Friday, January 29, 2010

Lanark Society Settlers

Britain’s wartime economy ended in 1815, and England and Scotland went into an economic depression which fed unrest and radical disturbances. In addition to the political unrest, high rates of unemployment had caused significant poverty among the classes of people who were otherwise capable of supporting their families when work was available to them. The return of the men who had been employed by the military, as well as continued immigration from Ireland and the Highlands, created a particularly serious glut of labor in the Scottish counties of Lanark and Renfrew.(1)

Knowing of the economic and political dissatisfaction of the time period, it becomes clear why Robert’s unjust imprisonment in Stirling Castle would be an event sufficient for him to make the final decision to uproot his family and leave his homeland. Robert, along with two of his older children, William and Mary, traveled to America with the Hamilton Emigration Society. This was one of the many societies which assisted the people who are now referred to as the Lanark Society Settlers. During the years of 1820 and 1821, twenty-nine hundred people emigrated from this area of Scotland to Upper Canada with the assistance of the societies and the government.(2)

A circular published in Glasgow on 3 June 1820 stated that the government had agreed to assist a few hundred people from that area to emigrate to Upper Canada on the condition that they pay their own passage. This circular was published shortly before Robert would have been released from Stirling Castle. His wife, Margaret, would have been aware of this offer, and when he was released, she likely saw it as a way to remove her husband from the danger of being arrested again.

Those who were able to emigrate were required to provide the cost of their transportation from Greenock to Quebec and provisions of food for an eighty-four day passage. Upon arrival, the government would grant each family one hundred acres of land contingent upon residence and partial cultivation, pay for the surveying of that land, provide transportation from Quebec to the actual settlement area, provide seed and tools, and provide advances of money during the first six months of settlement.(3)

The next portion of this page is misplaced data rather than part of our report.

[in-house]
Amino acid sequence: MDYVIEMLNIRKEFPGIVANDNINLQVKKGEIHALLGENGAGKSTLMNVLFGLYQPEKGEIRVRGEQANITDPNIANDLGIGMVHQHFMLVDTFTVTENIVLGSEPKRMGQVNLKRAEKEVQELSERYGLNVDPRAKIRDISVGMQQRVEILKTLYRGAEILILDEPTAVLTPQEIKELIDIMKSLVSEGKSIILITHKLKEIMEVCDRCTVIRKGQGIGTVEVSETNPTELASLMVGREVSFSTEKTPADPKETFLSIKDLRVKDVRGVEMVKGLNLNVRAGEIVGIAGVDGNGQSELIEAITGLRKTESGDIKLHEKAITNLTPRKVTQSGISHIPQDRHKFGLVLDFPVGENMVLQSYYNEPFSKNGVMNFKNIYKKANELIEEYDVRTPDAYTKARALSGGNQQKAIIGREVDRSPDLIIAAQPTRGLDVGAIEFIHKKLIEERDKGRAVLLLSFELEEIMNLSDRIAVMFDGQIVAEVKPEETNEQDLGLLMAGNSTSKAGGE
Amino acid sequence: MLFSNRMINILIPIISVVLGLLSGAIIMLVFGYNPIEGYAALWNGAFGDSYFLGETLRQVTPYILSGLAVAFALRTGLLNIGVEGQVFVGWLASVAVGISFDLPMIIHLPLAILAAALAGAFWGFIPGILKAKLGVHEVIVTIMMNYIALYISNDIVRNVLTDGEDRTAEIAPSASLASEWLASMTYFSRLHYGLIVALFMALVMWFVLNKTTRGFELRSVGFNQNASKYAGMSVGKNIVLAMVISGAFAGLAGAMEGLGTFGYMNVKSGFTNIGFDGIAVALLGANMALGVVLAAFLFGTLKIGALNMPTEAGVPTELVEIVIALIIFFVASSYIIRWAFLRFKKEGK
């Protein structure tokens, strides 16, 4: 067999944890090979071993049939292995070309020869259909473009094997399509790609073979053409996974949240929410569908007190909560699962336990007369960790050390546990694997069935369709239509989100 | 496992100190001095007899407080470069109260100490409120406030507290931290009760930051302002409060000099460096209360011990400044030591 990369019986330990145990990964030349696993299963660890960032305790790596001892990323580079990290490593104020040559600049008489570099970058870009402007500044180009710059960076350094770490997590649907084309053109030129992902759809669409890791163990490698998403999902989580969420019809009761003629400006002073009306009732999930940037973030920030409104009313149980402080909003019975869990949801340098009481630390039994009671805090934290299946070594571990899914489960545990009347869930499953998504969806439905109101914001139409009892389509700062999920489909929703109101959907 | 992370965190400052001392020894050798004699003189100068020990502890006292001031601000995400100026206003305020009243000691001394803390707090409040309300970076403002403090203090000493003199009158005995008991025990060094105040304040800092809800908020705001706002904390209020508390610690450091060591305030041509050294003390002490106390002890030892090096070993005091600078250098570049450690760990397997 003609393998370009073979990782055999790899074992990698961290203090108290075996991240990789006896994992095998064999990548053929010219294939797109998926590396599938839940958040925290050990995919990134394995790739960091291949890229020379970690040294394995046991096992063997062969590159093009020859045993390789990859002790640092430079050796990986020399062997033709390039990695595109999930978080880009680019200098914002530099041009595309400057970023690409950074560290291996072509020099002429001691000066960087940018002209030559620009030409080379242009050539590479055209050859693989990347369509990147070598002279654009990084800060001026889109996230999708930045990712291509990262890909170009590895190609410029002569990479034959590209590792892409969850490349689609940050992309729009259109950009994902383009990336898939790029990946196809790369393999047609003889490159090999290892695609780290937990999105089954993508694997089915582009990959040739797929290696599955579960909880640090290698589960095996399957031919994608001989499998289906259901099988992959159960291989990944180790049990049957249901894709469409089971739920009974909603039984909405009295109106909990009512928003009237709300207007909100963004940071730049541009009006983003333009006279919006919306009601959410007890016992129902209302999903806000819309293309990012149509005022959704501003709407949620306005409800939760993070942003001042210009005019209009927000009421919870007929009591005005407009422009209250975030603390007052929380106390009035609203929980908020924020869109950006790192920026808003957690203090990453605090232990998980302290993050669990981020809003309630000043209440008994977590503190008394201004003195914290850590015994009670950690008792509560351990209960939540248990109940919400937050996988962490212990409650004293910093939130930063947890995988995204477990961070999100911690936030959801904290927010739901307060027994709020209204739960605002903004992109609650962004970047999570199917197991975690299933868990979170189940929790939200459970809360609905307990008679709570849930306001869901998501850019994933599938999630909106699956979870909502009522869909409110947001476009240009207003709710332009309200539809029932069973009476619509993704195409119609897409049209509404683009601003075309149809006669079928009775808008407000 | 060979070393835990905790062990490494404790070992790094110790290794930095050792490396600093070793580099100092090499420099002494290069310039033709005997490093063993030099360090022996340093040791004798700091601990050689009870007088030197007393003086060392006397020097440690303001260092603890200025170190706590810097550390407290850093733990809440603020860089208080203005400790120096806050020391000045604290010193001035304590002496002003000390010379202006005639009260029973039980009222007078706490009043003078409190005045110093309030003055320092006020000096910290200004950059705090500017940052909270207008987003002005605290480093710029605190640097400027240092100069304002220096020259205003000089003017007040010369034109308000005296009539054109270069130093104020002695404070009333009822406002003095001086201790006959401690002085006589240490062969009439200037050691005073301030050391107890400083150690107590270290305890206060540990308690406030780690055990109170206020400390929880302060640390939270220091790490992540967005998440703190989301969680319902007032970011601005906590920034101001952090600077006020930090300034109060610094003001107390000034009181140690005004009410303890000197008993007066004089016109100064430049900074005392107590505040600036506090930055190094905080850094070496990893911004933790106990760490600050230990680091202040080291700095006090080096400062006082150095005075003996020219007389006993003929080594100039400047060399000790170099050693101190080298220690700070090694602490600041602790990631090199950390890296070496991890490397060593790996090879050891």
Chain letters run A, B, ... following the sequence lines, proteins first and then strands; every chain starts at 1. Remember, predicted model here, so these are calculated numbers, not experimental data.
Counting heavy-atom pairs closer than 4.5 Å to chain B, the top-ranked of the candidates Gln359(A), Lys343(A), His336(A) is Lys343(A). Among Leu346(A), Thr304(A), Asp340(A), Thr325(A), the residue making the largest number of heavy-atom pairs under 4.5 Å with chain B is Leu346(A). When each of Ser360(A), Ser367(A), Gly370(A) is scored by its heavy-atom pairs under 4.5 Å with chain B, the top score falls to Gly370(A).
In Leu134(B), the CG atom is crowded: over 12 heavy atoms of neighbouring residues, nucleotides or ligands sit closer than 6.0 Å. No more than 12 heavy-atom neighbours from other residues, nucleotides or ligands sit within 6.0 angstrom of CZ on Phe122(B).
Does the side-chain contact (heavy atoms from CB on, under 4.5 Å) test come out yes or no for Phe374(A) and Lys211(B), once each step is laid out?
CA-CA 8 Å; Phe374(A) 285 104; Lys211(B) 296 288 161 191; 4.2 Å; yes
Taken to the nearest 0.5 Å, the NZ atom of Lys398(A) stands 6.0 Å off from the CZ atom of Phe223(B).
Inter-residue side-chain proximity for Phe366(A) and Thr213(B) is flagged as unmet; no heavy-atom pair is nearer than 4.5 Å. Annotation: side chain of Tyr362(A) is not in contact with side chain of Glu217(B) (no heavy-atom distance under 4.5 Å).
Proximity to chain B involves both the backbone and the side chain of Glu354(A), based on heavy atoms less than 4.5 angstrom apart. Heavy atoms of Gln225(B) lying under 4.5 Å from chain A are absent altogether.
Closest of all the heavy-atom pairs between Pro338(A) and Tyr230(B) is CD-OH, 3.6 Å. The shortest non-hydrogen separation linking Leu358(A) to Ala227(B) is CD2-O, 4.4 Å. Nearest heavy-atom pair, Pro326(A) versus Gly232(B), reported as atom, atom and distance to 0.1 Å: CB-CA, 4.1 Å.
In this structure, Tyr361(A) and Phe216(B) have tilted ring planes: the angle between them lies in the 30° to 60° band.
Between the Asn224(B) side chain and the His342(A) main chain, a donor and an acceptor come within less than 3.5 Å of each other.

During the months of April and May 1821, four ships carried society members from Greenock to Quebec to receive government land grants in Upper Canada. The total number of individuals who emigrated was 1883. The third ship that year, the Commerce, carried 422 people. It sailed on 11 May and arrived on 20 June. Captain Coverdale reported the deaths of two children and one woman during passage, and no births.(4) This was the ship that Robert, William, and Mary sailed on.(5) The Gardners were among the relative few who were able to provide sufficient funds for three family members to emigrate in 1821 and begin establishing their family in America.

Upon arrival, Robert Gardner received his land grant of one hundred acres in the east half of lot six, concession five of Dalhousie, and his date of settlement was recorded as 15 July 1821.(6) The money he received on arrival appears to have been £6 13s. 4d. He also received £10 on 1 September 1821 and an additional £10 on 11 January 1822. His total debt to the government after the first six months in Canada was recorded as £26 13s. 4d., repayable in ten years.(7)

Below is a map of Robert Gardner's land grant in Dalhousie Township.

1. Smout, T. C. A History of the Scottish People, 1560-1830 (New York: Charles Scribner’s Sons, 1969), 401; Robert Lamond, Narrative of the Rise & Progress of Emigration, from the Counties of Lanark & Renfrew, to the New Settlements in Upper Canada (Glasgow: Chalmers & Collins, 1821), 6.

2. Lamond, Rise and Progress of Emigration, 5.

3. Lamond, Rise and Progress of Emigration, 20.

4. Lamond, Rise and Progress of Emigration, 63.

5. David Dobson, Directory of Scottish Settlers in North America, 1625-1825 (Baltimore: Genealogical Publishing Co., c1984-1993), 5:97.

6. Ontario Crown Lands Department, “Persons Located by the Military Settling Dept., Entitled to Patent Grants, Lanark (Vol. 104) 1822" in Land Records ca. 1792-1876 (Salt Lake City: Filmed by the Genealogical Society of Utah, 1982-1984), microfilm no. 1,319,967, item 5, p. 13, #379.

7. Ontario Crown Lands Department, “Account of Monies Advanced to Lanark Settlers” (Vol. 107) 1820-1822" in Land Records ca. 1792-1876 (Salt Lake City: Filmed by the Genealogical Society of Utah, 1982-1984), microfilm no. 1,319,967, item 9, Hamilton Emigration Society, Robert Gardner entry.


  1. I just found your blog and I love it! Thank you for sharing your hours of research and work. Archibald and Margaret are my 4th great grandparents. I have been looking for a photo of Margaret. Do you know of one? I'm also looking for a faith-promoting story about their daughter Mary Ellen (my 3rd great-grandmother) and/or her husband Neil Livingston Gardner, Sr. I enjoyed finding Mary Ellen's obituary on your blog. If you know of where I could find these things, please send me a message at

    Thank you again for this great blog!
    Olivia Dahl Cobian

  2. I am working on the Gardner Genealogy and am directly related to Archibald as my gr gr grandfather. Archibald is Robert's son. If Robert, his children William and Mary emmigrated in 1821, how did the rest of his family get to Canada? Archibald and Robert did end up in Utah

  3. Yes they did! I wrote another blog post titled, "Margaret's Emigration to Canada" in February 2010. That is where I told the rest of the story. Let me know if you have more questions. Nice to hear from you.